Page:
Park City paramedics use dirt bikes to respond to trail emergencies
Jul 21, 2023, 6:28 PM
PARK CITY, Utah — Paramedics in Park City use dirt bikes to respond to emergencies.
When there are emergencies on these trails, search, and rescue crews have different kinds of vehicles they use, but a lot of the time they have had to respond on foot.
“When someone has an emergency on our trail, they call 911 and those coordinates are dispatched to us,” Captain Matt Provost said. “A lot of these trails are single track and they’re not accessible by UTVs.”
The Park City Fire District moto program helps the first responders race to the rescue when the clock is ticking. They said hikes with heavy equipment can take hours. This is a faster alternative.
“We want to get to our patients as quickly as possible doing the least amount of damage as possible,” Provost said.
The program has been in place for years. Around 60 members of the department participate in trainings so they are prepared when there’s an emergency.
“We have people that have never ridden a motorcycle before but are exceptionally good at EMS,” Provost said.
The district currently has five motorcycles. They’re each outfitted with lights and sirens.
“They’re a lot more user friendly, a lot easier for our personnel to ride, and we’re doing what we can to limit our environmental impact as well,” he said.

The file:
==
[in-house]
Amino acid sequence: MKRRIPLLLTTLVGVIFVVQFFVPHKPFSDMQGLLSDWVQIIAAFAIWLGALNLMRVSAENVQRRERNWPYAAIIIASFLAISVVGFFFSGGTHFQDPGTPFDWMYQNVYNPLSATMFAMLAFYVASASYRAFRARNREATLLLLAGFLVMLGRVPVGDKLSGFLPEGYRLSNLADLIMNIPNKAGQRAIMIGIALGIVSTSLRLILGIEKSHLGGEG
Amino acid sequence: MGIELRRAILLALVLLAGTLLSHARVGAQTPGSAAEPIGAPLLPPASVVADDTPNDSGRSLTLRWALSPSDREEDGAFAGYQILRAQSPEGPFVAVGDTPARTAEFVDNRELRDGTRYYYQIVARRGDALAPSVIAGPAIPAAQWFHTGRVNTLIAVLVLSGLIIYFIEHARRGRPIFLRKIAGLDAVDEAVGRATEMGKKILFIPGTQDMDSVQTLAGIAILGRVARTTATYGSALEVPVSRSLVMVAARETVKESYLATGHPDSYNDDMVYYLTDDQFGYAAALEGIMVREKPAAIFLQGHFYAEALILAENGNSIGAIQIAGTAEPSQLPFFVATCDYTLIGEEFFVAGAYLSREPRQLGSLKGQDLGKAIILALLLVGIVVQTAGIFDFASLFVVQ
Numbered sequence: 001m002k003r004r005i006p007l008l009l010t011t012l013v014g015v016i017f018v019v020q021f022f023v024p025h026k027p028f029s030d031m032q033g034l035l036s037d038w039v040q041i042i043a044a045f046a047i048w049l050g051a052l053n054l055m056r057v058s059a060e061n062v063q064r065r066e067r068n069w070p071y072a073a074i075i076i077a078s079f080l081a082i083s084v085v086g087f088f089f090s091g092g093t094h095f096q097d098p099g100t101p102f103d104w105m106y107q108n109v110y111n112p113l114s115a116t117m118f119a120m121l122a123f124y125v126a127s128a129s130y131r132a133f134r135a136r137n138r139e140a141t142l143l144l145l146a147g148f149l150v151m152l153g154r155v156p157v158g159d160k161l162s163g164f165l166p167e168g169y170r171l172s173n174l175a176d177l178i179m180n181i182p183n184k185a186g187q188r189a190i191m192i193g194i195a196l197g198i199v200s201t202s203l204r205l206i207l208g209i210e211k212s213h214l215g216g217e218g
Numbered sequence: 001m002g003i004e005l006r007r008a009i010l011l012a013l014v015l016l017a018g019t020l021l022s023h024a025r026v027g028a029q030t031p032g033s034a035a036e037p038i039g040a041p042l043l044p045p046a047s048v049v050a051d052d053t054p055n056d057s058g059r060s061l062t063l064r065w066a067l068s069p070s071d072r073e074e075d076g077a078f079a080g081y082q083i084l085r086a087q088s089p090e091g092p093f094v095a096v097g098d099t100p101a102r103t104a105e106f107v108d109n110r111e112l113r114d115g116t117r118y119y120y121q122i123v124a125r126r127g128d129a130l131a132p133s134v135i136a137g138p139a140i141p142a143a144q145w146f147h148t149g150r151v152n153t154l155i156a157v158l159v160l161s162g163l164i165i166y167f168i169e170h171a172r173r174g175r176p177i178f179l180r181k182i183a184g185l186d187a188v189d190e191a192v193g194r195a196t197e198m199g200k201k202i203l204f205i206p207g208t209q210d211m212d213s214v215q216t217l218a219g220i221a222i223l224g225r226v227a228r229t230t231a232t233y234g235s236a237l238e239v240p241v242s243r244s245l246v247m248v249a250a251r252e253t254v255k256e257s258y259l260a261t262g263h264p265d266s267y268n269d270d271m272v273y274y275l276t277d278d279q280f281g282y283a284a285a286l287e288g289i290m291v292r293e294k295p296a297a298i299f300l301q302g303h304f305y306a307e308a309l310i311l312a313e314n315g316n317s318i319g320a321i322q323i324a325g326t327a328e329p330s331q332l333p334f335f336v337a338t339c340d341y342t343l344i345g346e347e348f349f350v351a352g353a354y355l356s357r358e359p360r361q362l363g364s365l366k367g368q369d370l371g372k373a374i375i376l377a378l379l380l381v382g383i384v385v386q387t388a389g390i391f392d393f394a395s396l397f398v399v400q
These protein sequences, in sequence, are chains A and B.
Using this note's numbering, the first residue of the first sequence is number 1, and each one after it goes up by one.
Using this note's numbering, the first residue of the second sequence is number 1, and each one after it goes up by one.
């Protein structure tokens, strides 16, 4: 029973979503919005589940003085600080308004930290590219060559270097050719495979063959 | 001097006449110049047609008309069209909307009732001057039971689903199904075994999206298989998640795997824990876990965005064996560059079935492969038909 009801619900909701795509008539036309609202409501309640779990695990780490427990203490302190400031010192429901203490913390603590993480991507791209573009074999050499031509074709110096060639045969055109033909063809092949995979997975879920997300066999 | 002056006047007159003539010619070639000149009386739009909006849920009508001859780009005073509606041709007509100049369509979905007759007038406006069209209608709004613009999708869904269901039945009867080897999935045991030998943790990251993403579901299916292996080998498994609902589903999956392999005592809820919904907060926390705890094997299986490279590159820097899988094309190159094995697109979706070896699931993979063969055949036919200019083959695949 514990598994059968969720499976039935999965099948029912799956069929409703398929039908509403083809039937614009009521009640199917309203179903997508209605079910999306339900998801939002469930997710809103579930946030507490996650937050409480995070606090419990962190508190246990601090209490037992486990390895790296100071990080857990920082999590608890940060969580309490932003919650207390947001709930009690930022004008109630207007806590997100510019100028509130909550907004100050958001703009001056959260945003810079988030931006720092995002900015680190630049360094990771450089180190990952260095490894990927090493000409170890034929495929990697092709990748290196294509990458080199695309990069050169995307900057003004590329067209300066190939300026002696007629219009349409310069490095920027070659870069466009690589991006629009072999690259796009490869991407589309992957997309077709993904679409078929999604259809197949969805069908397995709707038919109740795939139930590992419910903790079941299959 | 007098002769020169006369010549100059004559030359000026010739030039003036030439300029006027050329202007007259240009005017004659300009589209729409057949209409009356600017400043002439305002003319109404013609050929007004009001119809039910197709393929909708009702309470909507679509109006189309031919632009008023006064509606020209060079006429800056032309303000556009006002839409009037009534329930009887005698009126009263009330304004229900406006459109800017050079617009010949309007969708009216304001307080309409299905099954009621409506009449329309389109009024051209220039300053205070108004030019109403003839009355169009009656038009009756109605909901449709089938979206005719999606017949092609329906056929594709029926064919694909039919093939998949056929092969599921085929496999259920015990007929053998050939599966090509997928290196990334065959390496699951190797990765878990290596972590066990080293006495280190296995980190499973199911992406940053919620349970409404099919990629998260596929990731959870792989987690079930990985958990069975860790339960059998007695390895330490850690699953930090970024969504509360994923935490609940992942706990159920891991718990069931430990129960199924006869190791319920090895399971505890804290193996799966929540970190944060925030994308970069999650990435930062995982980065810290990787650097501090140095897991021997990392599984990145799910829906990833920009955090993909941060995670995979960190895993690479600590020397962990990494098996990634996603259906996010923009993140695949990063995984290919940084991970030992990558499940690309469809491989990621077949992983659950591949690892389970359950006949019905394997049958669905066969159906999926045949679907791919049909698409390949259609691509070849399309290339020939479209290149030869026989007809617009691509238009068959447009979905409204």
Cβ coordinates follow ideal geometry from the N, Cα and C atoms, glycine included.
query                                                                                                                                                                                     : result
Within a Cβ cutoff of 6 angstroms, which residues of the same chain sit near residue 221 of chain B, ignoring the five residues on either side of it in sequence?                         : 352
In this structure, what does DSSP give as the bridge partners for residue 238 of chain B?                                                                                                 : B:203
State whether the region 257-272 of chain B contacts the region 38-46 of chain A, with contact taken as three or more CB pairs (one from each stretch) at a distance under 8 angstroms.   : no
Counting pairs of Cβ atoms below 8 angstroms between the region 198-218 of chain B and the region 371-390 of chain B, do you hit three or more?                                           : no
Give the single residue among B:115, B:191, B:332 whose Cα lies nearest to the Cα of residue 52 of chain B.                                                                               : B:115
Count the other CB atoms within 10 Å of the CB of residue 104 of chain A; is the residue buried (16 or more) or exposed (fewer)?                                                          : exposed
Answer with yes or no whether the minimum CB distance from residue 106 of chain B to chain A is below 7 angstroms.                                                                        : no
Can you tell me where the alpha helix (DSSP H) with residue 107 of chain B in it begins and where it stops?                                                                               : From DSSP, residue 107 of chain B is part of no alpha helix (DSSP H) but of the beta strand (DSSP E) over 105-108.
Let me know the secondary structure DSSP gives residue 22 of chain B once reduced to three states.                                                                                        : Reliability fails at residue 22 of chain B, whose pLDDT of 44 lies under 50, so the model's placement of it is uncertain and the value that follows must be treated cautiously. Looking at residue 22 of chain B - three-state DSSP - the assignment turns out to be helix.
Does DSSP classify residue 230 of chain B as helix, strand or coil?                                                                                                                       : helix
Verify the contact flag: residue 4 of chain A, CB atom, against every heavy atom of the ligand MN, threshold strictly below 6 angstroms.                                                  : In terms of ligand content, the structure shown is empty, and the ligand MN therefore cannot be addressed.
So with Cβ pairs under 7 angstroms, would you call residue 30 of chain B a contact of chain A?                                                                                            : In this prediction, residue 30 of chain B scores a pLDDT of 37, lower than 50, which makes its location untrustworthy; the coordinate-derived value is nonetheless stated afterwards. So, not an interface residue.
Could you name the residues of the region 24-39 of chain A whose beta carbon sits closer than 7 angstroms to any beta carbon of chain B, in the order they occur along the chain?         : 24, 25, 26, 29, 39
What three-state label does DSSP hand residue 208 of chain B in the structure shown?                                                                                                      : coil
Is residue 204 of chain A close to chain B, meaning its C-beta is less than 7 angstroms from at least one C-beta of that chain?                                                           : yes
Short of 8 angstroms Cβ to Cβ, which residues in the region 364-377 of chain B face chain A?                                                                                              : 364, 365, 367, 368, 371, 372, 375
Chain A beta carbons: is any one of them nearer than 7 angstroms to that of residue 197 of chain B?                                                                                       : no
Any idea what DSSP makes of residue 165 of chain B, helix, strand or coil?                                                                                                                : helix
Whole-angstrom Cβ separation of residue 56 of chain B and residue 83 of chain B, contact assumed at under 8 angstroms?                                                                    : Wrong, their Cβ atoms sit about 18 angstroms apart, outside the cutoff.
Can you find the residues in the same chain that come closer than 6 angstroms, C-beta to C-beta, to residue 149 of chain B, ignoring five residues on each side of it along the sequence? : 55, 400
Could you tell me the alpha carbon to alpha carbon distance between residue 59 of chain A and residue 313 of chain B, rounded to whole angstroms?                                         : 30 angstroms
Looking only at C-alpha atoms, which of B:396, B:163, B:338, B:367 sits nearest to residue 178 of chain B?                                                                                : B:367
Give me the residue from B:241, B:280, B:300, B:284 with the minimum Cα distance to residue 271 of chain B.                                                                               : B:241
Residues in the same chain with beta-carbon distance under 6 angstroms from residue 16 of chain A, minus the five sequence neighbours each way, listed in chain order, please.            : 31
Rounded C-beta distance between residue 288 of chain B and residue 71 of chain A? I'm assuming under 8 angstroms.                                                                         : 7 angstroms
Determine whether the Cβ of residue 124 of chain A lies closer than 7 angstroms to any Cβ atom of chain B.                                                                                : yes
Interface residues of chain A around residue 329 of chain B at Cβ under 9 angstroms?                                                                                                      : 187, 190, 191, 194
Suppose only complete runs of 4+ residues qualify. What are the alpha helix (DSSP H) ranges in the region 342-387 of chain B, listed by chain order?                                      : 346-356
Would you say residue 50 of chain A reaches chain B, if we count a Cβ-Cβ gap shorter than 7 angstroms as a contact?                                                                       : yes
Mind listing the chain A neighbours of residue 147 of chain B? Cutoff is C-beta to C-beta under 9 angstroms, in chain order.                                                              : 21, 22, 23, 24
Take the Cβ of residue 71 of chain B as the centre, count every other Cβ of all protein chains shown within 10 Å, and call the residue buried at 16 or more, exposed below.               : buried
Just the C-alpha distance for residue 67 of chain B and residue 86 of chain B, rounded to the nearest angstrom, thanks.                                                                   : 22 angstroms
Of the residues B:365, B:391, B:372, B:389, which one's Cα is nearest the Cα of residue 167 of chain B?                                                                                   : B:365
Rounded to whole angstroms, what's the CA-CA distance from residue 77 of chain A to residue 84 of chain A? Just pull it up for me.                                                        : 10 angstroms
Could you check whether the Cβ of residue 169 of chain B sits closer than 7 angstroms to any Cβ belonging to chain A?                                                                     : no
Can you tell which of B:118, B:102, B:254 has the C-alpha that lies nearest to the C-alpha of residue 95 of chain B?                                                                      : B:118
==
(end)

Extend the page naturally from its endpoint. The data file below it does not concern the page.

The first responders driving the bikes carry backpacks full of first aid items.
“We have an AED, we have medications to deal allergic reactions, also some Narcan…some saline, we also carry some glucose,” firefighter and moto program head, Ricky Szukala, said.
These motorbike paramedics cut response times and help patients receive care faster.
“Our motorcycle will get to the patient first, make patient contact, start patient care then from there, they’ll talk to our incident command and we’ll figure out the best route to get a side by side to the patient,” Provost said.
They said they use the trainings to educate the community on what they’re doing and how it saves lives.
“A lot of people haven’t seen us on these yet so we kind of get mixed signals initially, but once they realize who we are, they’re super happy we’re out there and they’re thankful we’re kind of hovering around them in case they get hurt,” Szukala said.